2 The Constituent Structure of the Latin Verb

The perfect active forms of six verbs are given in (6a,c), along with their present forms in (6b,d) (all in 1st person plural).


  • a.

    port-a:-v-i-mus ‘carry’ de:l-e:-v-i-mus ‘destroy’ aud-i:-v-i-mus ‘hear’

  • b.

    port-a:-mus de:l-e:-mus aud-i:-mus

  • c.

    sec-u-i-mus ‘cut’ mon-u-i-mus ‘warn’ aper-u-i-mus ‘open’

  • d.

    sec-a:-mus mon-e:-mus aper-i:-mus

The verbs in (6a) preserve the Theme vowel in the perfect (cf. (6b)), whereas those in (6c) systematically fail to preserve the Theme vowel (cf. (6d)). To account for this fact, let us examine the abstract constituent structure of the perfect forms of two of the verbs in (6).



As shown graphically in (7), we assume that the form on the right is subject to a transformation that links the /u/ to the Theme constituent and simultaneously delinks /a:/ from it, and that this is accompanied by the deletion of /a:/. We also assume that the sequence /u-i/ and its postvocalic alternant /v-i/ are reflexes of the Perfect morpheme.

As illustrated in (8), the same formal delinking treatment accounts for the remaining perfects of the Latin verbal system.



The s-perfects in (8a) all undergo the linking transformation illustrated in (7). The examples in (8b) demonstrate what we have already seen in (7): when the perfect takes the form /ui/, sometimes it undergoes a linking transformation as in /secuimus/, causing the Theme vowel to delete, and sometimes it does not, as in /porta:vimus/. The form /ce:pimus/ in (8c) exhibits the same effects of linking as, for example, /secuimus/. We mark this by assuming a Perfect morpheme /i/ augmented by the null segment: /Ø-i/ (i.e., Ø-I-Perf ). Finally, the forms in (8d) demonstrate that when the Theme vowel is /I/ and the Perfect morpheme is unaugmented, the Theme vowel always undergoes deletion.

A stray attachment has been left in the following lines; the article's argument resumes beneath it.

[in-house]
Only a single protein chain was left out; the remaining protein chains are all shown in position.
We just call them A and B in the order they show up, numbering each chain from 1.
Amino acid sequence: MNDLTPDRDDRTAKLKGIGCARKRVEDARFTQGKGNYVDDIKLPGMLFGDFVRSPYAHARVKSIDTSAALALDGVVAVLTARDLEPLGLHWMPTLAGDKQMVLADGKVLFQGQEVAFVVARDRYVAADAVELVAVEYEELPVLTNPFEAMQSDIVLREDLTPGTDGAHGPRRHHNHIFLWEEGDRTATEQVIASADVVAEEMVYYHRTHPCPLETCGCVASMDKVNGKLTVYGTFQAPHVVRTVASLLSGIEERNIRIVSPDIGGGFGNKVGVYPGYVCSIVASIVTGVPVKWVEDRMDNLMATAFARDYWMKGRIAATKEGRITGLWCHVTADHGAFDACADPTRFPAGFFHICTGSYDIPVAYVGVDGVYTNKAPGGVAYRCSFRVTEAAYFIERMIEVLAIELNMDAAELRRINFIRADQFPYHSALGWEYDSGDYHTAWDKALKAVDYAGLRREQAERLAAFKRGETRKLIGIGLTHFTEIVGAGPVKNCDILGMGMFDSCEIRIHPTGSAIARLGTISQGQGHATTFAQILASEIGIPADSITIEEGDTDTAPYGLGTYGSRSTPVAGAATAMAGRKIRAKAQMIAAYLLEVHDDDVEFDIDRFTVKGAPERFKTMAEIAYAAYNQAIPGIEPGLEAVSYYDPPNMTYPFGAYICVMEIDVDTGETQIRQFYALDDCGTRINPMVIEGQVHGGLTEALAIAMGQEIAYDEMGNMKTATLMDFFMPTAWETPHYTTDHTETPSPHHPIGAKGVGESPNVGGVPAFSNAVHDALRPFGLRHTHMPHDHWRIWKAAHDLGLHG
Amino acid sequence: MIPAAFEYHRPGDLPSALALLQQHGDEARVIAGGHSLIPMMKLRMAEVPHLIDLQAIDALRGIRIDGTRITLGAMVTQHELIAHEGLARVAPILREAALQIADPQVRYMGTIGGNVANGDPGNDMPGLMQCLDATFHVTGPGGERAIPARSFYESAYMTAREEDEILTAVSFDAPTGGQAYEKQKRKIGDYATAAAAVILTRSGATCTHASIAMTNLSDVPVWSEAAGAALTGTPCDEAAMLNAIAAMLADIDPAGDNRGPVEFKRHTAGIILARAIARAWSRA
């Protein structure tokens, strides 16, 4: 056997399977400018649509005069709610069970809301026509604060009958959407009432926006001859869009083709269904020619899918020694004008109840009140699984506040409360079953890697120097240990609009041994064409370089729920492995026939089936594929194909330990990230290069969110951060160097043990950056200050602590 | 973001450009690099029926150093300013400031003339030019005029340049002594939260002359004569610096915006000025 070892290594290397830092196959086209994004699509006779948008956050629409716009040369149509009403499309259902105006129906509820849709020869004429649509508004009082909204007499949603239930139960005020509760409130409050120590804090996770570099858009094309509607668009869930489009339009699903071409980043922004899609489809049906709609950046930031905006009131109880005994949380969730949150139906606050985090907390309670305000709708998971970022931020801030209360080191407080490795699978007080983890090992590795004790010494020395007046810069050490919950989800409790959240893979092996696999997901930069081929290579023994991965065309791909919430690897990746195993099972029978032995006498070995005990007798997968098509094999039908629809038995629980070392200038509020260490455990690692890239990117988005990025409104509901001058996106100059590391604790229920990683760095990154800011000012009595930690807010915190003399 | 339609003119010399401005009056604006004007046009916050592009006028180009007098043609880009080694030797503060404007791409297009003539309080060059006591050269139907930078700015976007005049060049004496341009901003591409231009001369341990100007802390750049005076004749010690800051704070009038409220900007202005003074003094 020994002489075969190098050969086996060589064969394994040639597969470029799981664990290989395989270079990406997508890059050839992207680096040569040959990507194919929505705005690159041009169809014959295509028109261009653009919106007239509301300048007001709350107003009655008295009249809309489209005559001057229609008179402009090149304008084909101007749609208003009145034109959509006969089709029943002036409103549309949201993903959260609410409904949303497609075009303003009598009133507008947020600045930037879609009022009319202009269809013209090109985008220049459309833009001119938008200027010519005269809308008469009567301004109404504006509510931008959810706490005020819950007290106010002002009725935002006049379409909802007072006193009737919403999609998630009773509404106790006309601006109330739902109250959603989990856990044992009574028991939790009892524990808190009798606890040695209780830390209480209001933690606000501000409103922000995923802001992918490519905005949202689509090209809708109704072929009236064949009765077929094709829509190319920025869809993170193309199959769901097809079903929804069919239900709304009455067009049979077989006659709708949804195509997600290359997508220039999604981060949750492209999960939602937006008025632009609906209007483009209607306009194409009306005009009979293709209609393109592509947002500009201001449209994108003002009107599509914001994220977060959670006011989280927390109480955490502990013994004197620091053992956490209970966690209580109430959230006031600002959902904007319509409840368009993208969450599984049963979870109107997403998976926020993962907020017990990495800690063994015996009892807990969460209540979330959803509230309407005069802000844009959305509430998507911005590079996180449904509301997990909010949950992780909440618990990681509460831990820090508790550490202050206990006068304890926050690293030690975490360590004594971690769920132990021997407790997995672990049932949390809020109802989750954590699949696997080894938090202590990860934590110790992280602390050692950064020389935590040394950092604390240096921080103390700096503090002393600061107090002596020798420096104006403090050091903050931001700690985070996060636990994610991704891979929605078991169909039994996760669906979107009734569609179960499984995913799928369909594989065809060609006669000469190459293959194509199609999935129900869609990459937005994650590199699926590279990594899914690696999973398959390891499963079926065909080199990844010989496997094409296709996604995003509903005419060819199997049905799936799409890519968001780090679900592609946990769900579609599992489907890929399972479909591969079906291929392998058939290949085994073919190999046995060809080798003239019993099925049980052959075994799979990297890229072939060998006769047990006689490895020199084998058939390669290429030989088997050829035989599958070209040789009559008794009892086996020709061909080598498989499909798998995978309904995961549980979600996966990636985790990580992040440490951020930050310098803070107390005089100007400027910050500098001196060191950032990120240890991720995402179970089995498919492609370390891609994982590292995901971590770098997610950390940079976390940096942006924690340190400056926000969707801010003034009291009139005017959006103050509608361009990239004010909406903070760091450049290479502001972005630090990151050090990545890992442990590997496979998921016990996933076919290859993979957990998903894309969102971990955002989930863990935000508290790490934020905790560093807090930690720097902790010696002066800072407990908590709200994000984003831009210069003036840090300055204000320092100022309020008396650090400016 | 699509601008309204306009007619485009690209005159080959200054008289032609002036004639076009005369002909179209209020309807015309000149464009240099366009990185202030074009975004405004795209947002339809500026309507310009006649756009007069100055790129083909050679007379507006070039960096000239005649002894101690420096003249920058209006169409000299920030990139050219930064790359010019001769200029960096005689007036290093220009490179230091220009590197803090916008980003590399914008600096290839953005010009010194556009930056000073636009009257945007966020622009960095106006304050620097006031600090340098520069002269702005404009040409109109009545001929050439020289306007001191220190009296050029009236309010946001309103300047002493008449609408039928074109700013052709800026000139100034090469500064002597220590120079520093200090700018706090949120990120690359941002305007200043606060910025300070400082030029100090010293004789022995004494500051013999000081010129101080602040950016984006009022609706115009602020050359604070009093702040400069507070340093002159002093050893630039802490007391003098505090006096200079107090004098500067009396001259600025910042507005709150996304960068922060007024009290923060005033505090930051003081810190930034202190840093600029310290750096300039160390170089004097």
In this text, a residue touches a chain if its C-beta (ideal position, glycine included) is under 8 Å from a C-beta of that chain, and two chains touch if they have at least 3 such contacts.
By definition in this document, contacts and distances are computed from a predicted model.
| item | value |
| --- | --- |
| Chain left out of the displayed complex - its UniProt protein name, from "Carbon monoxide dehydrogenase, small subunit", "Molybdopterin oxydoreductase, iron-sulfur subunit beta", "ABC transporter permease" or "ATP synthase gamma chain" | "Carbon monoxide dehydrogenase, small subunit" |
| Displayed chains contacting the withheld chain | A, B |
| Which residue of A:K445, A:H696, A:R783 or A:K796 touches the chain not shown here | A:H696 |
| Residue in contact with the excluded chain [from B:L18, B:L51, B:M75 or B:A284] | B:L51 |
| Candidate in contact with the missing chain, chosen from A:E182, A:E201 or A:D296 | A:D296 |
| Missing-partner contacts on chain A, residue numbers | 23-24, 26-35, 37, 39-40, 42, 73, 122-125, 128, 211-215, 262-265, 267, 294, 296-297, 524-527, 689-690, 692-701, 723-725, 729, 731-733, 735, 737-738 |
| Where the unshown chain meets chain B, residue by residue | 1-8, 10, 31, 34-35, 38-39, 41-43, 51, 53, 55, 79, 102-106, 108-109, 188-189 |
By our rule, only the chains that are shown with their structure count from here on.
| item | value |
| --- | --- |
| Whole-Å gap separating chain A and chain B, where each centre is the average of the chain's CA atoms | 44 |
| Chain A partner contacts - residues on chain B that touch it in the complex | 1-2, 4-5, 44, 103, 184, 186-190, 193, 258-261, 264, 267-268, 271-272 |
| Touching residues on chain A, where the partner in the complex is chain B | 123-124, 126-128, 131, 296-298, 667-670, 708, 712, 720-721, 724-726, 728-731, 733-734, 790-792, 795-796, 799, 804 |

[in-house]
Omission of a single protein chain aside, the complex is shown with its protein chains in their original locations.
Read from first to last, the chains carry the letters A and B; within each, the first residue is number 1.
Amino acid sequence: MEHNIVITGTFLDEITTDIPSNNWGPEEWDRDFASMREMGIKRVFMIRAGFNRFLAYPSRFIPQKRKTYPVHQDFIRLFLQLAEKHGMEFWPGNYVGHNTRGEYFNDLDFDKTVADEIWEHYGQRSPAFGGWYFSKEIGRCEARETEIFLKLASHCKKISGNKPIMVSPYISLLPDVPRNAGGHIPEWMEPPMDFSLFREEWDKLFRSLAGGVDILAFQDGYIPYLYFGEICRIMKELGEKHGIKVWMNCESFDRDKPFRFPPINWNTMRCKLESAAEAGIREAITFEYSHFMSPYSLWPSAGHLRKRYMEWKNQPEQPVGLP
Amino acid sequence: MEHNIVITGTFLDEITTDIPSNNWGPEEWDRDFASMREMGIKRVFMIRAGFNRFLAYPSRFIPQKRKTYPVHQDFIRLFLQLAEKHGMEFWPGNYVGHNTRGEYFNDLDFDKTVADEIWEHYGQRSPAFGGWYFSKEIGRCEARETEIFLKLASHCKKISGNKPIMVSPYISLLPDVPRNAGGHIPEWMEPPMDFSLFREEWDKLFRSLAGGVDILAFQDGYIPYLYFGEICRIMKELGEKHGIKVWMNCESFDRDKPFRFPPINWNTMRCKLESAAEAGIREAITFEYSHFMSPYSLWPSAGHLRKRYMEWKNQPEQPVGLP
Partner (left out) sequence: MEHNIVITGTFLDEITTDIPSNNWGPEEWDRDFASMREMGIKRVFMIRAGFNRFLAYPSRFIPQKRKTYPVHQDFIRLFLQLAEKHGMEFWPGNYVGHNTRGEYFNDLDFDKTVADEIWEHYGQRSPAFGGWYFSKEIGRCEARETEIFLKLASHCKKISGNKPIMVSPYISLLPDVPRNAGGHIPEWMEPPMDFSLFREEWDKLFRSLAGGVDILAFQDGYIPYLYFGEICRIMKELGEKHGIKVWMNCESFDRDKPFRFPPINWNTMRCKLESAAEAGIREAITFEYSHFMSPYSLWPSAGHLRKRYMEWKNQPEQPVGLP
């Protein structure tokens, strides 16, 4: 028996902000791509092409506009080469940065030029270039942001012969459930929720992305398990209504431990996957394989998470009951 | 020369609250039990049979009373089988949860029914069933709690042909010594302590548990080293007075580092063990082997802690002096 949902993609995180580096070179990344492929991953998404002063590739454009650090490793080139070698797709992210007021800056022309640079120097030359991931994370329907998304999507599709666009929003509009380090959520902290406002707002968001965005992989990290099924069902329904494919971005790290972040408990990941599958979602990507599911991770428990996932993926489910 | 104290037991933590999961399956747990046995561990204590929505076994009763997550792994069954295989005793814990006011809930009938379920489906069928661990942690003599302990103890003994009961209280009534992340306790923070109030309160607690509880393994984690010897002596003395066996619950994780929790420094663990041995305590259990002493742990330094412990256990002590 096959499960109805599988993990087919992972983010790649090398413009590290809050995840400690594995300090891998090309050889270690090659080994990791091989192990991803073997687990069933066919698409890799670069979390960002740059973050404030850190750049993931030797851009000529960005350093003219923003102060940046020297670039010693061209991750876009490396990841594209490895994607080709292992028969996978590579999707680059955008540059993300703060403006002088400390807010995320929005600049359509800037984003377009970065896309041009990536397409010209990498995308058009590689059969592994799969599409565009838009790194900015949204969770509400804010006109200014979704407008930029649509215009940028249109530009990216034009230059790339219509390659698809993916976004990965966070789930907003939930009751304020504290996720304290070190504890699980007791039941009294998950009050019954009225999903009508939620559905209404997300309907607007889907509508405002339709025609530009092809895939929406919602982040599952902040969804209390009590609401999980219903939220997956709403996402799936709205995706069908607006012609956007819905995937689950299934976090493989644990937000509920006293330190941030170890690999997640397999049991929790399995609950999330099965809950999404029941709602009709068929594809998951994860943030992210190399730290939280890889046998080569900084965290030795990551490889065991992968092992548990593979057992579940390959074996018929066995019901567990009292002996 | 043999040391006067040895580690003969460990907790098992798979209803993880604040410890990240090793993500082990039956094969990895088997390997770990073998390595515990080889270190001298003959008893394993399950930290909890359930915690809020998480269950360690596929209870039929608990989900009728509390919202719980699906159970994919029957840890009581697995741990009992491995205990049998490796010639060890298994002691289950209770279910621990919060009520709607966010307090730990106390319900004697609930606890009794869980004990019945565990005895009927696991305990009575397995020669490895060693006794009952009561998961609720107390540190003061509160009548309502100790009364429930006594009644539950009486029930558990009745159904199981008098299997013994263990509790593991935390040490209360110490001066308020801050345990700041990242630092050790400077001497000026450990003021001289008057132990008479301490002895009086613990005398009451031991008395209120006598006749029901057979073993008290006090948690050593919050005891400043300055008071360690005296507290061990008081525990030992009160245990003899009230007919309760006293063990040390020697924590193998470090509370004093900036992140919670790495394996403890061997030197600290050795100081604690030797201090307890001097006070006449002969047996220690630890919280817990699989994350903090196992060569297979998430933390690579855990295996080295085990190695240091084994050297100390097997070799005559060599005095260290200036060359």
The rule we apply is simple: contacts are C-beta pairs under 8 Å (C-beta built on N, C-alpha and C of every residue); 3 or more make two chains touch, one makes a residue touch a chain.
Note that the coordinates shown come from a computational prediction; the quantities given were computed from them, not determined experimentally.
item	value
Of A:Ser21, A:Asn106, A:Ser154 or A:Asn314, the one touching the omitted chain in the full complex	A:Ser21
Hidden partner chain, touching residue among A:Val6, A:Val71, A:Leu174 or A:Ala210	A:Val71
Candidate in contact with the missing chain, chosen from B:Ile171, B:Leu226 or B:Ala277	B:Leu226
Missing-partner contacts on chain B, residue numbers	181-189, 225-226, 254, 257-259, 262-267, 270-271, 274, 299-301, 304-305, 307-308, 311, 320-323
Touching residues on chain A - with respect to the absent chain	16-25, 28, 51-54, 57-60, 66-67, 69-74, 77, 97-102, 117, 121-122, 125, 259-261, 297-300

To summarize the account of the Latin perfect morphology illustrated in (8), we note that the Latin verbal system contains five Theme vowels, /a:, e:, i:, I, i/. We postulate that the Perfect morpheme is /i/. We further postulate that the Perfect morpheme /i/ can be augmented by three different segments: /s/ (see (8a)), /u/ (see (8b)), and /Ø/ (see (8c)). Each of these augmentations produces its own class of perfect. Given this analysis, we may say that linking always occurs with s-perfects and Ø-perfects. With u/v-perfects, it sometimes occurs and sometimes does not. Unaugmented perfects (see (8d)) never link.2

3 The Latin Verbal System: Perfect and [αFut]

An aspect of its morphology that Latin shares with many other languages, though not all, is that unmarked categories are (often) signaled by the absence of any phonetic marker. This is illustrated by the forms in (9), where each perfect form (in (9a)) includes the Perfect morpheme (/vi/ (or /ve/)), but the unmarked nonperfect forms in (9b) do not.

(9) (Unmarked) [–Fut] (Past) [+Fut] (Future)

  • a.

    Perfect port-a:-vi-mus port-a:-ve-r-a:-mus port-a:-ve-r-i-mus

  • b.

    Unmarked port-a:-mus port-a:-b-a:-mus port-a:-b-i-mus

This difference is formally expressed in (10) by enclosing the Perfect and [αFut] morphemes in angled brackets, which reflect the optional status of these two morphemes in the finite verb forms of Latin. Their status is “optional” in the sense that unlike the “obligatory” Verb Stem, Theme vowel, and Agr ending, the Perfect and [αFut] morphemes do not appear in every finite form of the Latin verb.

(10) VbSt - 〈Perf〉 - 〈[αFut]〉 - Agr

In actual (pronounced) forms of the Latin verb, each of the four morphemes in (10) is supplied with its own sequence of phonemes.

The morpheme [αFut] in (10) stands for [–Fut] and [+Fut], which are semantically interpreted as past and future, respectively; the absence of the [αFut] morpheme in the forms in the left column of (9) is interpreted semantically as present.

The phonetic exponence of the [αFut] morpheme, which precedes the Agr morpheme in (10), is moderately complex. There are distinct phonetic exponents for [–Fut] and for [+Fut]. As shown in the second and third columns of (9), the phonetic exponent of [–Fut] is long /a:/, and that of [+Fut] is short /i/. Moreover, in the (marked) perfect forms of the verb in (9a), the consonant /r/ is preposed before the [αFut] morpheme (/port-a:-ve-r-a:-mus, port-a:-ve-r-i-mus/), but in the unmarked perfect forms in (9b), the consonant /b/ is preposed before [αFut] (/port-a:- b-a:-mus, port-a:-b-i-mus/). These facts are accounted for formally by the two rules in (11), which have not usually been recognized as parts of the phonology of Latin, but actually perform a distinct role in the morphology of the language.